They’re a different breed, these serial entrepreneurs.

Restless risk-takers they are, reeking of confidence, willing to put their life savings in different business ventures, selling one, moving on to the next.

If a business fails, they spring off the floor, retrench … and a year later they’re back.

Here’s a thumbnail sketch of five well-known Edmonton entrepreneurs, all recently embarked on new business paths.

Terry Bendera has poked around the oil patch since he had “a cup of coffee” with the New York Rangers during a minor-league hockey career. He worked as an employee until he figured out being an owner was more fun, and potentially more lucrative.

Today, Terry is the operating partner in Leduc-based Prostar Well Services company, with financial partners, friends and hockey pals Ron Dale of Whiteridge golf accessories and Jim Ennis of J. Ennis Fabrics.

Prostar is pushing into leading-edge drilling technology where few, if any, have drilled before. Its new prototype Legacy is the first service drilling rig specifically designed to lay pipe into the shallow, long, horizontal holes required for SAGD (steam-assisted gravity drainage) oilsands operations.

Legacy’s technology, developed with High River industrial manufacturer Rangeland Energy Services, should enable oilsands companies to run the parallel pipes of all SAGD operations much further out than with current technology. And, says Terry, Legacy represents a whole new standard of oil-rig automation.

Suncor – the biggest oilsands player – has a three-year contract with Prostar. If Legacy lives up to its potential, it’ll open up complex SAGD oilsands strata not currently commercially mineable. Prostar’s five-year plan calls for 10 Legacy rigs, two to three major clients, and annual revenues of $60 million.

Not bad for three hockey pals!

Greg Macdonald and Mike O’Hara are two of Edmonton’s best-known business folks. Advertising man Macdonald, with brother Vance, started, built and then sold billboard company Macdonald and Macdonald Outdoor. Macdonald (AKA the Energizer Bunny) had other ad agencies, then left advertising to bring Champ Car Grand Prix racing to Edmonton with Tom Doerksen.

For 20 years, O’Hara was general manager of Konica Minolta’s regional office. He started with 16 staffers and $1 million in sales, left in 2010 with 105 staffers and $25 million in sales. During the O’Hara era, Konica Minolta was known for community initiatives – especially sponsorship of the Grand Prix.

Two years ago, when Greg resurrected Macdonald Outdoor as a digital billboard company, he and wife Trudy knew exactly who they wanted as their sales VP and third partner – Mike O’Hara.

From two digital billboards overlooking the Whitemud at Gateway Boulevard and Calgary Trail, the Macdonalds and O’Hara have grown the company to eight prime locations. Three more are in the permit stage.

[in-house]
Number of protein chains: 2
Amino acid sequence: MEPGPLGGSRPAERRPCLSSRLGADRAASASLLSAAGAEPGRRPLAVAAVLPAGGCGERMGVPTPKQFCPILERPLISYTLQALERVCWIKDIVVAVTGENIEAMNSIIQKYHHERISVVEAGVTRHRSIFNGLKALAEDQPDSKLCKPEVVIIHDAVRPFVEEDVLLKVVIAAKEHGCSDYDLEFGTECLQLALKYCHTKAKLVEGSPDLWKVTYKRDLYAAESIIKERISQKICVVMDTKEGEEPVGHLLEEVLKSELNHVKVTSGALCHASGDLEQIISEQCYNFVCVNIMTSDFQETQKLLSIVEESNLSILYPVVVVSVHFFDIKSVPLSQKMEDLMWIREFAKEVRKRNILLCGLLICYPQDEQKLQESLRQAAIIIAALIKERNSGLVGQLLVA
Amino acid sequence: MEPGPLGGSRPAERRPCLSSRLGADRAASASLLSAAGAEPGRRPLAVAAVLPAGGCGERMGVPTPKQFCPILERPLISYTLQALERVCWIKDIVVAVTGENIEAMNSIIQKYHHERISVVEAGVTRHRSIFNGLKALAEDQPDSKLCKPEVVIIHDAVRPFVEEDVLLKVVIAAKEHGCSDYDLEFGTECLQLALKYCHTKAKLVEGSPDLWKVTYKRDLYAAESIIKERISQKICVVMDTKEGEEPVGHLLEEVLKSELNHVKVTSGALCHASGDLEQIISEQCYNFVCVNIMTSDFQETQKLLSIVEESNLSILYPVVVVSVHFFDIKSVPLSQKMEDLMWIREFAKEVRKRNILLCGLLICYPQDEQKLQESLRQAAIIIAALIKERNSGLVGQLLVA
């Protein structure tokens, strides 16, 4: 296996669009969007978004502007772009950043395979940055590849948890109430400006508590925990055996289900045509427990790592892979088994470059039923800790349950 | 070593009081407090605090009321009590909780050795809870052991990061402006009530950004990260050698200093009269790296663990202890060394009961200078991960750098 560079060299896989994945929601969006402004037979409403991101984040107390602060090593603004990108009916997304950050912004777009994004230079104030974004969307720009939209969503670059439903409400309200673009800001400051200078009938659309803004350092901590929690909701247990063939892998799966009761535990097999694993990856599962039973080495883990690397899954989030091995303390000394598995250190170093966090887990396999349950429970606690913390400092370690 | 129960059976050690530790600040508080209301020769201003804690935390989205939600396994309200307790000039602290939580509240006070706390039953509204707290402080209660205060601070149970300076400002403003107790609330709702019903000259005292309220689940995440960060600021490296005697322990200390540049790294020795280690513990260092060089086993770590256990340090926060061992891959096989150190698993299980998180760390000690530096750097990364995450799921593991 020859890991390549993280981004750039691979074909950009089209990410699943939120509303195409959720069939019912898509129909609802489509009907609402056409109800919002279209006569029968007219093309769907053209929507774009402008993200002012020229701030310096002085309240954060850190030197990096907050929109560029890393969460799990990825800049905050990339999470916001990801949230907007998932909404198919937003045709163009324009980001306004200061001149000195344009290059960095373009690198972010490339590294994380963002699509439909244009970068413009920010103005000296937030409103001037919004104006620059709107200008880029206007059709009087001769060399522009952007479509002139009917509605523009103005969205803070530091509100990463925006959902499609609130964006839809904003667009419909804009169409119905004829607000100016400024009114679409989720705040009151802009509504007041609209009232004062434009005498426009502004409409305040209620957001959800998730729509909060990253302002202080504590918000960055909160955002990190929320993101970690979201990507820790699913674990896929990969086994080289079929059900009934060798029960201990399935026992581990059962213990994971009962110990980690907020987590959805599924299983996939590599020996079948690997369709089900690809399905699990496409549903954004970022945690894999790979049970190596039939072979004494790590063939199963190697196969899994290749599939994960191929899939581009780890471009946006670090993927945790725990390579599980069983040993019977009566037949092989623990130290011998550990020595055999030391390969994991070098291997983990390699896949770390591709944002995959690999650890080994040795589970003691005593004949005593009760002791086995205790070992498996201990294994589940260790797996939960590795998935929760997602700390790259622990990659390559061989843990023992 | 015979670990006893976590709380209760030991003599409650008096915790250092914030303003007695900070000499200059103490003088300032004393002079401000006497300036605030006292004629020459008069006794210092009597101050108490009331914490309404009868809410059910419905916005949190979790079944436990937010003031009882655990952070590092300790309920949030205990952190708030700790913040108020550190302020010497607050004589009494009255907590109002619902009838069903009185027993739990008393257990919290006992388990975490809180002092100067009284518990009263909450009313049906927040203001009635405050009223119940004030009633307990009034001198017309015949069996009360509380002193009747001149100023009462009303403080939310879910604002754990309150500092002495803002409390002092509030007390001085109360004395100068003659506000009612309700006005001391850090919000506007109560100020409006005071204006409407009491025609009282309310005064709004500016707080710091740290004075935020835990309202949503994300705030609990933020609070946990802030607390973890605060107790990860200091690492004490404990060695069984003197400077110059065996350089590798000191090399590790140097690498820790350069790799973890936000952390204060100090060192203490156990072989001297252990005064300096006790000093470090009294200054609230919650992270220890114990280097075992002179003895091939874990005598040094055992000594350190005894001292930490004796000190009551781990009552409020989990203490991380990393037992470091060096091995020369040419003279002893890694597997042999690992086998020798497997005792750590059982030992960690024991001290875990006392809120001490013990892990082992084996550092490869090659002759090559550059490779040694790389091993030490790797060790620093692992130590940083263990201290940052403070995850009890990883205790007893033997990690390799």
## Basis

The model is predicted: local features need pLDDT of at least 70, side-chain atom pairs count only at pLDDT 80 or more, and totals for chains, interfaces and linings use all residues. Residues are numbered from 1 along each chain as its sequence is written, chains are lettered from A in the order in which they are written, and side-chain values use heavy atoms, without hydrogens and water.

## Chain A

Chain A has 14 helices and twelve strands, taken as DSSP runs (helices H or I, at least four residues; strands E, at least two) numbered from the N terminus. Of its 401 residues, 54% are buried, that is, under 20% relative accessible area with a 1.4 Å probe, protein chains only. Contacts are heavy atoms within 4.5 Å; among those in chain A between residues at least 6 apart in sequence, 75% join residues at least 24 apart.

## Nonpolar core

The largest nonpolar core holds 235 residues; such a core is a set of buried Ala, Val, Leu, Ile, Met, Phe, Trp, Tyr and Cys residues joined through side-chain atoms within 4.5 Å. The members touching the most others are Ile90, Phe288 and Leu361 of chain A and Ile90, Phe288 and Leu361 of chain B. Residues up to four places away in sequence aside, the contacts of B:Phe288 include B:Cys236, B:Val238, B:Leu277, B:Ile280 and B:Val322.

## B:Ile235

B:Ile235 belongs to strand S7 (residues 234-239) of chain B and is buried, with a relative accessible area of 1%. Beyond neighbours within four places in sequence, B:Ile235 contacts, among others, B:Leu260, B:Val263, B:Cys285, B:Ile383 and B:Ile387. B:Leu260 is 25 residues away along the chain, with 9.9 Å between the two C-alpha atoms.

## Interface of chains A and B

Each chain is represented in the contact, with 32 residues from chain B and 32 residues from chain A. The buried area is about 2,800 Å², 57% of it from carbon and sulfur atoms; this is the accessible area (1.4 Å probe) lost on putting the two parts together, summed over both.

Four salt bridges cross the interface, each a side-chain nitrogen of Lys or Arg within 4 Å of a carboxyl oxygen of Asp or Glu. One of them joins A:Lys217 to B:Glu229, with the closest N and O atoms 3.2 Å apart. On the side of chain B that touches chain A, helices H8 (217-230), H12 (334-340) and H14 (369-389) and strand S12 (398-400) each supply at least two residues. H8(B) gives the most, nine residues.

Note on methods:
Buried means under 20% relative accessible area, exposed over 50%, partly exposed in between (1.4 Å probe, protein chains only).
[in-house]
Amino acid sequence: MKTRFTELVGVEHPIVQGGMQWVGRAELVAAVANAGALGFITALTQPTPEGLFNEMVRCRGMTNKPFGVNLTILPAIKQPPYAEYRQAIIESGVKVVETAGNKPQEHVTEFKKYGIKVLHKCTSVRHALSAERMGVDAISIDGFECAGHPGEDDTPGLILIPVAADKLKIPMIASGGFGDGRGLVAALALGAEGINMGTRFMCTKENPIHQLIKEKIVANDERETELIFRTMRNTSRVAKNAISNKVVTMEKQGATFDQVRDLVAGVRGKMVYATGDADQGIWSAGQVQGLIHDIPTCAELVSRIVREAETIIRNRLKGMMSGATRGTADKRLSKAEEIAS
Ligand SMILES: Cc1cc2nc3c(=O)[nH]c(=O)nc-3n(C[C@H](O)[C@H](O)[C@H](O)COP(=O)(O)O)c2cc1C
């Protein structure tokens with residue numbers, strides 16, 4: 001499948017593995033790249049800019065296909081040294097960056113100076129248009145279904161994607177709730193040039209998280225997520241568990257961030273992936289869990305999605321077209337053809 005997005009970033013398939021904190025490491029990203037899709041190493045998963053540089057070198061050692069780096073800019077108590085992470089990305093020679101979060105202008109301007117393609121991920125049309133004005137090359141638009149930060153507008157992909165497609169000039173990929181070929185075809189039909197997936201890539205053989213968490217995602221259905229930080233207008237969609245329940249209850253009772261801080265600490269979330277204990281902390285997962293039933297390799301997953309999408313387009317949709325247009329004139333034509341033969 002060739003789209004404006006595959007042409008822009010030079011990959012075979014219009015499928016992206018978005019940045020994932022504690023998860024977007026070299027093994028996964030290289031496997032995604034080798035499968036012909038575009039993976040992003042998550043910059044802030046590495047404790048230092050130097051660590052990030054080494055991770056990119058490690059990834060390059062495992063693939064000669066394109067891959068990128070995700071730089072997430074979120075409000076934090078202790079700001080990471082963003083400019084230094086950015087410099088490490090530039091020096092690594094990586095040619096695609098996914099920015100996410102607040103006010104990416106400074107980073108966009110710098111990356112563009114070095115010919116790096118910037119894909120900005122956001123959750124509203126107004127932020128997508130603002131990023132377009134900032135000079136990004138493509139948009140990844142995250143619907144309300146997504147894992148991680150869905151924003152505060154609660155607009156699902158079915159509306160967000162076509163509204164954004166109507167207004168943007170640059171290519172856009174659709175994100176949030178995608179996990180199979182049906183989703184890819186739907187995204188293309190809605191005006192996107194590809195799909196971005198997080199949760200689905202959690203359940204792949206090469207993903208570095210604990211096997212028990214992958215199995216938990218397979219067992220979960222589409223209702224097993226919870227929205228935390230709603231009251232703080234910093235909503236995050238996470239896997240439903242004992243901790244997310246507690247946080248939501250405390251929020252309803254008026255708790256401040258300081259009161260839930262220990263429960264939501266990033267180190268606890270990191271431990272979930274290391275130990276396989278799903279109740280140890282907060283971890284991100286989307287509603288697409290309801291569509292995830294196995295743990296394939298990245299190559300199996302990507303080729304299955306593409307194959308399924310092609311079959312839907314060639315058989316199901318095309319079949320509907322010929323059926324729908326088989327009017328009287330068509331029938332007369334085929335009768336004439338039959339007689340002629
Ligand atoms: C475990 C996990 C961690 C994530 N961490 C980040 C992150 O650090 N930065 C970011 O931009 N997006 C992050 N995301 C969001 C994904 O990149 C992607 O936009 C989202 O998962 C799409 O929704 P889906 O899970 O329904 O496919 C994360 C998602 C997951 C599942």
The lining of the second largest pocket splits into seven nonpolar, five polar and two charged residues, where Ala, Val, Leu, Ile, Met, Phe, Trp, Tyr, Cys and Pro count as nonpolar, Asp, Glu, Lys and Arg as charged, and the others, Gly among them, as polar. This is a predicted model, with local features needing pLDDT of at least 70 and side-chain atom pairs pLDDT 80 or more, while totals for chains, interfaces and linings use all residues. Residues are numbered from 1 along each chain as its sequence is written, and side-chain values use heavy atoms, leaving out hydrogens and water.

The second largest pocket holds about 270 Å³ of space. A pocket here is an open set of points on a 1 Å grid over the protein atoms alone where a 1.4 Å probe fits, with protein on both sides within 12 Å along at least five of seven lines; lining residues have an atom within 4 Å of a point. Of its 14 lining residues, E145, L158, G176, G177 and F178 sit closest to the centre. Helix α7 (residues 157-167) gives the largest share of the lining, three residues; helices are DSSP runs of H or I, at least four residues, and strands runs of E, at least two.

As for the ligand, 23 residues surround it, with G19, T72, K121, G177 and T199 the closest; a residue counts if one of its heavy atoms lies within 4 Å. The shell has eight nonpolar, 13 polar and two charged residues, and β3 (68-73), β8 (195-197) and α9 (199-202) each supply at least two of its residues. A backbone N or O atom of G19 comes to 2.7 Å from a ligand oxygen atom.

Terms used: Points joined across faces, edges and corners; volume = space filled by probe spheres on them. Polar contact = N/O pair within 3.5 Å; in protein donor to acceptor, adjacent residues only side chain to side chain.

Digital billboards have a big upfront capital cost, but, once operational, can show 10 ads every minute, 24/7, each “ad image” selling for about four cents. There’s usually an advertiser wait list.

Before selling Avanti Salon Spa, Suhail Khoury was Edmonton’s best-known hair stylist, while events producer Keith Persaud was a Chamber of Commerce personality. Both owned and operated other business – construction, flooring, restaurants and catering.

The long-time friends have started their first business together. P3 Connect is an agency for an American firm with a proven commercial energy saving device. Once installed, the Black Hawk Powerhouse delivers or “conditions” incoming electricity, lowering power costs (by using less) and extending electrical machinery life and reliability. In three months since start-up, P3 has sold and installed 10 customized Black Hawk Powerhouse units. Several major institutions are testing the device.

“We are truly green,” chuckles Keith. “Our five-year plan is to save Canada 15% on its power bill!”

Will Prostar’s drilling technology gain wide-spread industry acceptance?

Can Macdonald Outdoor keep its first-to-market, high-quality edge in the face of increasing competition?

Will the Black Hawk Powerhouse catch on as an energy conditioner/saver, or will it be just another devices that comes and goes?

That, my friends, is the risk and excitement of being an entrepreneur.


A tale of three new companies.

Prostar Well Services five-year plan: from one prototype Legacy automated drilling rig to 10
Two to three major clients.
Gross annual revenue by 2018 of $60 million.

Macdonald Outdoor Advertising
Current number of outdoor digital billboards, eight.
Number being planned, three.
Average cost of construction, $250,000, including $80,000 in landscaping cost.
Estimated revenue – four cents per six-second ad image, 40 cents a minute or $240 an hour.
Five-year plan: Not public for competitive reasons.

P3Connect/Black Hawk Powerhouse
Average cost per power-conditioning unit, $16,000 (depending on size.)
Payback period, about two years.
Savings on industrial/commercial power bills, 15% or higher.
Business plan: In one year to have several major institutional or government customers.
Five-year plan: To save all Canadians 15% on electricity bills!

Graham Hicks
Hicks Biz Communications : Commentary